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Vol. 30, No.2
Winter 2015-16
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Education Action

The Seattle Educators’ Strike

By Jesse HagopianAdd to Cart Purchase a PDF of this article

Don Eaton

On Sept. 20, 2015, thousands of Seattle Education Association (SEA) members voted to approve a new contract with the Seattle Public Schools. The vote officially ended the strike, which delayed the first five days of school.

The new contract contains many hard-fought wins for social justice:

But the most important outcome of the strike won’t be found in the fine print of the agreement. The true triumph of this contract battle was the solidarity—between teachers, office professionals, nurses, school librarians, instructional assistants, parents, and community organizations—in the struggle for public schools.

Thousands of parents supported the strike, including the Soup for Teachers group that formed to bring sustenance and solidarity to picket lines at every school in the district. The Coalition for the Schools Seattle Deserves united community organizations and joined singer-songwriter Kimya Dawson to host a benefit concert for the striking teachers. The Seattle City Council, led by councilmember Kshama Sawant, passed a unanimous resolution in support of the strike. Marching band students used their pep-band anthems to root on striking educators, and local businesses donated to the picket lines. Even the mainstream media reported that parents were in support of the strike, and that the educators were winning.

With a visionary set of demands and the overwhelming support of the parents, students, community, and even city officials, it was disappointing that the union ended the strike before we achieved all we could at the bargaining table. Seattle is among the nation’s top 10 cities for highest cost of living. Teachers have not had a cost of living increase in six years, and are increasingly unable to live in the city where we teach. It was a mistake to agree to raises ranging from 3 percent the first year to 4.5 percent the third, which won’t even offset rising healthcare costs. School nurses will still have to split their time among several schools and won’t be able to provide the care that students deserve. We achieved lower student-to-teacher ratios in some preschool and special education programs, but the special education Access Program caseload increased by 30 percent. With the old ratios, Access students were able to participate in general education curriculum and settings with support; the new ratios put the inclusion model in jeopardy and will overwhelm Access case managers. We also acceded to the district’s demand to lengthen the school day by 20 minutes, reducing teacher planning time. With more focus on mass rallies uniting teachers and parents, I believe we could have won even more victories.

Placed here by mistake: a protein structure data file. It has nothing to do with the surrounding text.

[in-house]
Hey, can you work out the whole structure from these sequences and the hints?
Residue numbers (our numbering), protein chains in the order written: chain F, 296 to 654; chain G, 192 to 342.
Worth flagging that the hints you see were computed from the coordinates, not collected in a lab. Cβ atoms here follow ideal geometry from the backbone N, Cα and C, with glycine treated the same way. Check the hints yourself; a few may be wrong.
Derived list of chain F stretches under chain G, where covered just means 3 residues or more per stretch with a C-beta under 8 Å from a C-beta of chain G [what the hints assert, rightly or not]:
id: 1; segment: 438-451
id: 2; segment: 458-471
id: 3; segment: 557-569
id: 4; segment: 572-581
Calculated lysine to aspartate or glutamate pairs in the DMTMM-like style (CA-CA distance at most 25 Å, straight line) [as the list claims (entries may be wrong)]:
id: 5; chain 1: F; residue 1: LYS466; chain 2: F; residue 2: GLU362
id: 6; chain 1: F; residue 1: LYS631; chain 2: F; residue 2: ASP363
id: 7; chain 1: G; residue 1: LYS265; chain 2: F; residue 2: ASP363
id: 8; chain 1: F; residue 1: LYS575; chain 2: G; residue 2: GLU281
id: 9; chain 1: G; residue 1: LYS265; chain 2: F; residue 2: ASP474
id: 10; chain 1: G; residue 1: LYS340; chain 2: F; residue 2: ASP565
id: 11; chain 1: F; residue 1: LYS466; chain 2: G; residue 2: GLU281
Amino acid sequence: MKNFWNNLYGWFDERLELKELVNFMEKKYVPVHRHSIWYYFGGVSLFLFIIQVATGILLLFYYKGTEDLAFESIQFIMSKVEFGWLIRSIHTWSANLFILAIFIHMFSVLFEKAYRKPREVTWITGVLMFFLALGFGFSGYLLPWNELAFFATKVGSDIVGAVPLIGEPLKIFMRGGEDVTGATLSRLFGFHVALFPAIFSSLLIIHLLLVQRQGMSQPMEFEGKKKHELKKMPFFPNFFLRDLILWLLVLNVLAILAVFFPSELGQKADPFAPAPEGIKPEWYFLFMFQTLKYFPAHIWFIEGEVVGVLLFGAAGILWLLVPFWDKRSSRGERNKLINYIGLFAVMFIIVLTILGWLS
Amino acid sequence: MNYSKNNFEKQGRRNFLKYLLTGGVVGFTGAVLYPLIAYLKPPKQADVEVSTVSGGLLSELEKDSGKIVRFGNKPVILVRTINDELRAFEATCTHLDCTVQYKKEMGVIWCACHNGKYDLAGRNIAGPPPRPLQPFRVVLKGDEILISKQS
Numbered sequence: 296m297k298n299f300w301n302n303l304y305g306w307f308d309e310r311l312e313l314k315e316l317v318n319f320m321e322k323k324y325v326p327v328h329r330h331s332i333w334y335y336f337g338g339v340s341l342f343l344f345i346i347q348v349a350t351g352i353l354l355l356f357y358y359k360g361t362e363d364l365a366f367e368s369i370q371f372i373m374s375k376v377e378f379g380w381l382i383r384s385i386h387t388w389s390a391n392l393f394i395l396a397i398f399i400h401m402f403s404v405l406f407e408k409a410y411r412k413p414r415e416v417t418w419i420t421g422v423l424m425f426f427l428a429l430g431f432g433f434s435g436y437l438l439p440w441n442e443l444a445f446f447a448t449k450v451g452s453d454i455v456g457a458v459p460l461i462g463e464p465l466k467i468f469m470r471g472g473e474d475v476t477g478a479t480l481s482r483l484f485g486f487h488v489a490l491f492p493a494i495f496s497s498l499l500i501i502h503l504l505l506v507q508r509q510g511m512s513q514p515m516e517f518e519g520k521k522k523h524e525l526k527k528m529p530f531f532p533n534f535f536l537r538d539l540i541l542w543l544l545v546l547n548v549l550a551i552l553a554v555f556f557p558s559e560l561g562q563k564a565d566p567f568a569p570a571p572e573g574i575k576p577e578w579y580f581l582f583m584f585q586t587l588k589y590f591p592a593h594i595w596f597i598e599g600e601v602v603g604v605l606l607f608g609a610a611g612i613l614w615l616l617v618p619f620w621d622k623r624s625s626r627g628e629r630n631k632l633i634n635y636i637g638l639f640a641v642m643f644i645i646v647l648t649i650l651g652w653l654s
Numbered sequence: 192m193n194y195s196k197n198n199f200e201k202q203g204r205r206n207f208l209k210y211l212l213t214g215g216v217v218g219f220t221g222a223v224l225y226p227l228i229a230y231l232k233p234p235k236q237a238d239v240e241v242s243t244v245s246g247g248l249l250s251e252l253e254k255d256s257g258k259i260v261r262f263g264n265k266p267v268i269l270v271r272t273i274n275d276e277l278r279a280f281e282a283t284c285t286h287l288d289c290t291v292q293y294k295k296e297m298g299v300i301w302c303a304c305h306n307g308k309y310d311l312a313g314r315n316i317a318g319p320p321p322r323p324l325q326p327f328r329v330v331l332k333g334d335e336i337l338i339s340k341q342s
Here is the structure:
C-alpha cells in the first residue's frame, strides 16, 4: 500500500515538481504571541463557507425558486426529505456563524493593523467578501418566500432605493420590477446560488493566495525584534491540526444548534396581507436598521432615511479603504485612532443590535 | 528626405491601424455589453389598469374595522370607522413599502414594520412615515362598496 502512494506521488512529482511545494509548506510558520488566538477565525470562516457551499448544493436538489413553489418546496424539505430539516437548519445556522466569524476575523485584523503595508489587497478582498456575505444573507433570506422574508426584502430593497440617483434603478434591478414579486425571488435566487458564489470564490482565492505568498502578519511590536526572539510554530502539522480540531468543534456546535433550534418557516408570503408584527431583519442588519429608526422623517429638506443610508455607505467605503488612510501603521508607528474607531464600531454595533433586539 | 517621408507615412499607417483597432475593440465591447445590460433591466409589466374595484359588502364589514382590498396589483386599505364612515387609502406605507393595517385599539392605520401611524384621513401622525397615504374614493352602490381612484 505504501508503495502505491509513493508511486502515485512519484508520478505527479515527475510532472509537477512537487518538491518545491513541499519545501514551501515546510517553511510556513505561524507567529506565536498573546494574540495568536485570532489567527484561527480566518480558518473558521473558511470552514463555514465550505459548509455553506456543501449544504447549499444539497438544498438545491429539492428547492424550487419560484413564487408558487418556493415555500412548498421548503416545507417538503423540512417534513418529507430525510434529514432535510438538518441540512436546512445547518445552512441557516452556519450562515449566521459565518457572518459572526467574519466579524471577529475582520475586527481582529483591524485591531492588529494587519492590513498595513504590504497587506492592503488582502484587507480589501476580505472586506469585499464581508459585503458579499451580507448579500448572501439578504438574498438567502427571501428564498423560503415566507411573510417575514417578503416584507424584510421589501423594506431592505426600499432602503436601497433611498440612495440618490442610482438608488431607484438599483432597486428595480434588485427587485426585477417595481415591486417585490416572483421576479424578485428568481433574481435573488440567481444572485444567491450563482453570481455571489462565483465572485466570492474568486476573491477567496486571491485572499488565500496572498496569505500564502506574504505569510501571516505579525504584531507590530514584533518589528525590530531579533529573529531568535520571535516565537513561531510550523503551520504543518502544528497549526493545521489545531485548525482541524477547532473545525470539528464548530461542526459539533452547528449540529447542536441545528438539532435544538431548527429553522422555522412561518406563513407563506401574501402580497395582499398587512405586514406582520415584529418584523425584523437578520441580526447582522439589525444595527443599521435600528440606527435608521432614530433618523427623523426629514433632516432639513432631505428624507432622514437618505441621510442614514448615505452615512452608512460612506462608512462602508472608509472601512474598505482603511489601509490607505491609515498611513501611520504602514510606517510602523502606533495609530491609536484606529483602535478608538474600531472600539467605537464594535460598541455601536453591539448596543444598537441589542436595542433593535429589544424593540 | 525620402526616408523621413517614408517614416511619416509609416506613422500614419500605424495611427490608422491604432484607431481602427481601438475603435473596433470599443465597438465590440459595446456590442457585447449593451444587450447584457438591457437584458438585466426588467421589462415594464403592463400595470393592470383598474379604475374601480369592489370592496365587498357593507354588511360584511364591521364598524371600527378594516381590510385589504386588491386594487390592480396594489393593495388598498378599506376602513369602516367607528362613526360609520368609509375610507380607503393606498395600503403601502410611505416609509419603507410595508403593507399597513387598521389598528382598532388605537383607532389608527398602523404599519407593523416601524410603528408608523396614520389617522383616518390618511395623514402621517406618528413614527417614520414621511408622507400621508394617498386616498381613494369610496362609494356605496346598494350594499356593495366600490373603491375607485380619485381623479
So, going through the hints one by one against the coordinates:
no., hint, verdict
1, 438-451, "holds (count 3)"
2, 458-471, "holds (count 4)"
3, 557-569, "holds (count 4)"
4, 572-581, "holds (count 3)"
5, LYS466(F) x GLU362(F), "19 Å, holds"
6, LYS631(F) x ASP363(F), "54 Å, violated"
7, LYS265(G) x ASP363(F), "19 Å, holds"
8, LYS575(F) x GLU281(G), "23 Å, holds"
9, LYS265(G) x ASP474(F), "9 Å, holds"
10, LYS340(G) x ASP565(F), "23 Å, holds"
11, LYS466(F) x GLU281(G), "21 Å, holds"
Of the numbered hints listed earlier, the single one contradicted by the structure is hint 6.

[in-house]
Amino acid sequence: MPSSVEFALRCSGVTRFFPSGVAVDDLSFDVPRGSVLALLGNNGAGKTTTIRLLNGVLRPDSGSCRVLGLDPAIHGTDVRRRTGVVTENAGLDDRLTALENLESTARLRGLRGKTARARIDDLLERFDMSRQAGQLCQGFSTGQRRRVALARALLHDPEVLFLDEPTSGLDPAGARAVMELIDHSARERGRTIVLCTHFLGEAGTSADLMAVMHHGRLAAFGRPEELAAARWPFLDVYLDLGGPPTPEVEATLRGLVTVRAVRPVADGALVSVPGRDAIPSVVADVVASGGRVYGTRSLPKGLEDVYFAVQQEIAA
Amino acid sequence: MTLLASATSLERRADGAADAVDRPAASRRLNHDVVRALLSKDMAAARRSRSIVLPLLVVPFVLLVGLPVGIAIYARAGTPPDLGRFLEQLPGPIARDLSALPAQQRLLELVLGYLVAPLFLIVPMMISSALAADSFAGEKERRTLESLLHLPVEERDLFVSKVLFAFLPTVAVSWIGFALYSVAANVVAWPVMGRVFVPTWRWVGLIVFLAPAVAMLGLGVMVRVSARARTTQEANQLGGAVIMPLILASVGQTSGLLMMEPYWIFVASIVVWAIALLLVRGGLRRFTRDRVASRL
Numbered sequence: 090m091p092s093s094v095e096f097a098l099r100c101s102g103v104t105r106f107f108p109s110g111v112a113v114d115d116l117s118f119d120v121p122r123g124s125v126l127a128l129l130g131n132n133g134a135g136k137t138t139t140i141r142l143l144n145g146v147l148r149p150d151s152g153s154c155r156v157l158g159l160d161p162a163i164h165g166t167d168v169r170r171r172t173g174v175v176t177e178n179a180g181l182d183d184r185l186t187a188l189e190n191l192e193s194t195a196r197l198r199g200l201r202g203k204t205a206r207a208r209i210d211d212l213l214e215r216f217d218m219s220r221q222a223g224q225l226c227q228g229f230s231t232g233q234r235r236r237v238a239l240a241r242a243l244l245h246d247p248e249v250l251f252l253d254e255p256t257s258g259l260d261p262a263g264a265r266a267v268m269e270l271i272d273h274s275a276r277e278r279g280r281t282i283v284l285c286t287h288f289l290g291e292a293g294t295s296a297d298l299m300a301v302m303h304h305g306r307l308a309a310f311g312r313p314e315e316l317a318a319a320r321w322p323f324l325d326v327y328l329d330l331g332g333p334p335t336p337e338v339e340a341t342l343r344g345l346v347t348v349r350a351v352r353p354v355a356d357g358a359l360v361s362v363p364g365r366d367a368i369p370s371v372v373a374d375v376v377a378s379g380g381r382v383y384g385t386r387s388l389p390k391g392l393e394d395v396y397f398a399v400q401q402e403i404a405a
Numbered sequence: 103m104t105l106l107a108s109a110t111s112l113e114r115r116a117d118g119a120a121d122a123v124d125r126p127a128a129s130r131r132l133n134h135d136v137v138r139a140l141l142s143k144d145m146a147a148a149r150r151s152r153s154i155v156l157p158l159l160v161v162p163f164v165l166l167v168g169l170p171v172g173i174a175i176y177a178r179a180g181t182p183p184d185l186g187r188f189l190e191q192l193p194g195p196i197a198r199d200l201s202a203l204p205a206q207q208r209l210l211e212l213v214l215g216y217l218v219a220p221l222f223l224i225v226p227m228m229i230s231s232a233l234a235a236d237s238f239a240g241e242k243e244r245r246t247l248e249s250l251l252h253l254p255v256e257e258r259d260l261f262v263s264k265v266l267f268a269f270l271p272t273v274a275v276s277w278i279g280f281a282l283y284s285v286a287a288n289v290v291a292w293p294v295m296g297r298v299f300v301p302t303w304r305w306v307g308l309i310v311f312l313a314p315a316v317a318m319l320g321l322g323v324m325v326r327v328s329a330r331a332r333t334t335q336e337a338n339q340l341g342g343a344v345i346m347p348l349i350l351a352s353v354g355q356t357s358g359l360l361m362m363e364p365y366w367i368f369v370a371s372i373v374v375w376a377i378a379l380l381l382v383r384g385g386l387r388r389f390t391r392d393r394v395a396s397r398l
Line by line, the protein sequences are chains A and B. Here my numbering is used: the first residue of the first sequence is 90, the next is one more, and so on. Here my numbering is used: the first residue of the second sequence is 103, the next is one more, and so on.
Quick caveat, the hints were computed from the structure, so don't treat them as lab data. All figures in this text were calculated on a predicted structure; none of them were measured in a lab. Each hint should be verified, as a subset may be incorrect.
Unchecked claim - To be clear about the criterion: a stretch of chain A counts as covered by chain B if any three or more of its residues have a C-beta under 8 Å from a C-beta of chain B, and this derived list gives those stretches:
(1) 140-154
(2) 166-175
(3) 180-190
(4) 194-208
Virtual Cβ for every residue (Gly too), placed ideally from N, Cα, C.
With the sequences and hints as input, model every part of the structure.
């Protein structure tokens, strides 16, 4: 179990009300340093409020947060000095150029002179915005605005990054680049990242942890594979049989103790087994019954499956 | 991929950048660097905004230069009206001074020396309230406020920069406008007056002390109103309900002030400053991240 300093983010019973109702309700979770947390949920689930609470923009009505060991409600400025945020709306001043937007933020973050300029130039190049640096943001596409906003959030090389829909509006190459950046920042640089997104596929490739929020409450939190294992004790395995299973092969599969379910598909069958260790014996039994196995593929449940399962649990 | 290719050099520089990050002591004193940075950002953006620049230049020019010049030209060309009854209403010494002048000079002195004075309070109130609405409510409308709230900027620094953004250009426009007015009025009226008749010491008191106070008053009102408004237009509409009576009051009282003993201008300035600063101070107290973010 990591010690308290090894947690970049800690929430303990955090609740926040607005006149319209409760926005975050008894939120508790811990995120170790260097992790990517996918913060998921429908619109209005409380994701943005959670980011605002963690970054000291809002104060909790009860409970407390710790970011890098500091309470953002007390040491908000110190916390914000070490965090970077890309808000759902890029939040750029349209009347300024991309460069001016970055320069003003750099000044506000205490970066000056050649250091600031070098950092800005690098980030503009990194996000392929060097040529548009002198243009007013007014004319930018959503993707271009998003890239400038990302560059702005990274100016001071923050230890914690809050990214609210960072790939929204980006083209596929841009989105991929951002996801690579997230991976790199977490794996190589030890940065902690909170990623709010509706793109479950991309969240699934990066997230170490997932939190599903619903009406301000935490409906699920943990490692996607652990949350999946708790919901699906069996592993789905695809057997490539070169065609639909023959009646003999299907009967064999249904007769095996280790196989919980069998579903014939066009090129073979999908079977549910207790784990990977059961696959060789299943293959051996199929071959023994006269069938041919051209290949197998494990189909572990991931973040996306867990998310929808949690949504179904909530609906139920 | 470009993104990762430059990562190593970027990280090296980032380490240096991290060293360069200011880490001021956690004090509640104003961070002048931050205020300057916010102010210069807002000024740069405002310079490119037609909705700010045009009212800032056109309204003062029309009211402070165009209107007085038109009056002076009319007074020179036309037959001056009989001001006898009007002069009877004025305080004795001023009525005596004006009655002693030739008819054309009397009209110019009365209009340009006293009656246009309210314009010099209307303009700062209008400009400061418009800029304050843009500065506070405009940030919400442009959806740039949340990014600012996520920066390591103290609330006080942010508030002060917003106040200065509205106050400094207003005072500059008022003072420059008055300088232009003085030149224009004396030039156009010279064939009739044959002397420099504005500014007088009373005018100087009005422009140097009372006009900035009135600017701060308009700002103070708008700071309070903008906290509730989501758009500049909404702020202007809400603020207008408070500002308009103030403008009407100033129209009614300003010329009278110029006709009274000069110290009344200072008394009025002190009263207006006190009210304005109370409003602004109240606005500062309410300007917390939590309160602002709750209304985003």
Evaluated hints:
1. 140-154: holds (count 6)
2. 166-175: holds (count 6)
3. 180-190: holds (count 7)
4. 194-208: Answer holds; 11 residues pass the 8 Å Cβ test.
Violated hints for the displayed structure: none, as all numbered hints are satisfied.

Nonetheless, the strike went a long way toward transforming the union, city politics, and the labor movement for the better. So many educators, parents, students, and community members, in Seattle and around the nation, understand the issues that we face in education so much better as a result of this struggle. With many more parents made aware of the dangers of over-testing by this strike, the opt-out movement in Seattle will be massive this spring. The issue of disproportionate discipline as a component of the school-to-prison-pipeline has now been exposed in our city and I believe this will help embolden the Black Lives Matter movement in the coming months. Many in our city have been made aware of the need to fully fund our schools at the state level; I am confident that teachers, parents, and students will collaborate more than ever in challenging the state legislature to live up to its constitutional duty to provide the resources needed to run our schools. ◼

—By Jesse Hagopian